And on and on the game goes as he creates a picture on the sliding puzzle that is our home.  Which, I admit, might be fun.  Except, the next day I need my mixing bowl and beaters.  I keep my bowls stacked in the carousel cabinet.  You know, the biggest bowl on the bottom with the smaller one inside.  But just the small one is waiting when I open the carousel.  And next to it are two pie pans taking up alot of horizontal space in this, the only cabinet I have with good, useful vertical space.  I go to the pantry to stack the two pie plates with their lonely cohort on the shelf.  And notice a curious arrangement on the top shelf where the food processor usually sits.  What is that bowl doing up there?  My glass mixing bowl nearly bonks me on the head as I tug on what should be a nearly weightless Tupperware bowl.  

Then I start the search for the beaters and square by square move things back to where they originally started. 

It's not that I'm such an expert on where these things should go.  It's that I'm the one who suffers when things are in odd places.  Like the time I dragged over a kitchen chair to get to the back of one of my upper cabinets....because....well, for weeks, months even, the door wouldn't shut.  Just what the he!! was in there that NOTHING that belonged in there would fit?   I discovered a giant disposable plastic container, the one you get with a decorated cake, very carefully washed and CRAMMED in the farthest back of the cabinet.  Hogging nearly half the cabinet's useable space.  So more than a cubic foot of prime real estate in my kitchen absorbed by something, empty with the lid on it no less, that should have went into the recycle bin months ago!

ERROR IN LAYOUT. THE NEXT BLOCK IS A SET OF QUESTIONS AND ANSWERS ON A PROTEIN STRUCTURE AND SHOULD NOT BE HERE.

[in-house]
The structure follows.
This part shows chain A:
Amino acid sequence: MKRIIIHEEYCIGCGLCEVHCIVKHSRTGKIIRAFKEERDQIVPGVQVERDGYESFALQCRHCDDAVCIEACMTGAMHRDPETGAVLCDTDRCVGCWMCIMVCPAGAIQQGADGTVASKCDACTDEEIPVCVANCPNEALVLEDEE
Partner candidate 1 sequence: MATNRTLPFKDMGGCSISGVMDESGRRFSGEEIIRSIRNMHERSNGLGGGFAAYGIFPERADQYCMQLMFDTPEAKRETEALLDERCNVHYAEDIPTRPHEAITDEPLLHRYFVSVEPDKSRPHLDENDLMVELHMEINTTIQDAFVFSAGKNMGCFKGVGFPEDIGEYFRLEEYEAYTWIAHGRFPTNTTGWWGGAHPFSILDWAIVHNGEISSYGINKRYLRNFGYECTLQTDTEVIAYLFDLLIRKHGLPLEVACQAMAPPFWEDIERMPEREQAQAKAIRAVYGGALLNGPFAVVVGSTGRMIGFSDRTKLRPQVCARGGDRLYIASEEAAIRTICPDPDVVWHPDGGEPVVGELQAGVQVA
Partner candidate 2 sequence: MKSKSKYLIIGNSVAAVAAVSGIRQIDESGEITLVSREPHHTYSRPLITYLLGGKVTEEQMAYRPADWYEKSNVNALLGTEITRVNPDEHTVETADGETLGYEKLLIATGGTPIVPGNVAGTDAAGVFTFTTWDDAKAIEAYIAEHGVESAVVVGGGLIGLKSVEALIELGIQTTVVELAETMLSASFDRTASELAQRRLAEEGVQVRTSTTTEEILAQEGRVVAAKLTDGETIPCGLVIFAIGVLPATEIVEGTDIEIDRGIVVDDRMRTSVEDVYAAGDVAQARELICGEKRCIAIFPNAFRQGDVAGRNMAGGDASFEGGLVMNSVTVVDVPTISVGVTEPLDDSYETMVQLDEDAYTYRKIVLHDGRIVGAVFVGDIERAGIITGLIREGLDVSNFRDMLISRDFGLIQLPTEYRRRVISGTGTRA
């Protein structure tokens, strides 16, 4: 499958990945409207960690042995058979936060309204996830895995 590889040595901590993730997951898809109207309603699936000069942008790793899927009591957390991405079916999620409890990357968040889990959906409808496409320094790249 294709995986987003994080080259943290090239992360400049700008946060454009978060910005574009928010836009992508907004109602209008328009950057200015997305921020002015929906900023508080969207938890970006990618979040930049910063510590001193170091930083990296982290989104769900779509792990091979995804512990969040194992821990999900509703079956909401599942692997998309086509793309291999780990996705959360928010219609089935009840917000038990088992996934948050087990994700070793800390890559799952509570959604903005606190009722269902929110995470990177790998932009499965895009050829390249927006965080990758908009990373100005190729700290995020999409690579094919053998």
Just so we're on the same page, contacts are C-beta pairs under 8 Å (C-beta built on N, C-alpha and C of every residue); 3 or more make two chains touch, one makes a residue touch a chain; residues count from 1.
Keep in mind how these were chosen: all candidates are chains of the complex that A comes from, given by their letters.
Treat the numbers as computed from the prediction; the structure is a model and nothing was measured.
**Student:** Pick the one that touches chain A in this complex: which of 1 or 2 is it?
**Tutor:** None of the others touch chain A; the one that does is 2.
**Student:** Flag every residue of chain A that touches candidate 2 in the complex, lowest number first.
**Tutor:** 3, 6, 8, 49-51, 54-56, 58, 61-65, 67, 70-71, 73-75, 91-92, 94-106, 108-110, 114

It makes me crazy!  I get alot of help like this.  Always have.  And I struggle to smile and say, "Thank you".  Because everyone wants to be helpful.   

I wrote a household rule about this.  I posted it.  And he said, "uh-huh".  Want to know what it said?  "If you don't know where something goes, do not put it away!  Leave it for me to take care of." 

I don't know.  Was it not written clearly enough? 

And wonder just how BEZERK he would be if I spent a couple hours every Saturday morning out in his shop just kind of, you know, rearranging things in a more useful way. Putting them where I think they belong. Like all the screws in groups by color, or all the spray cans in alphabetical order by brand name.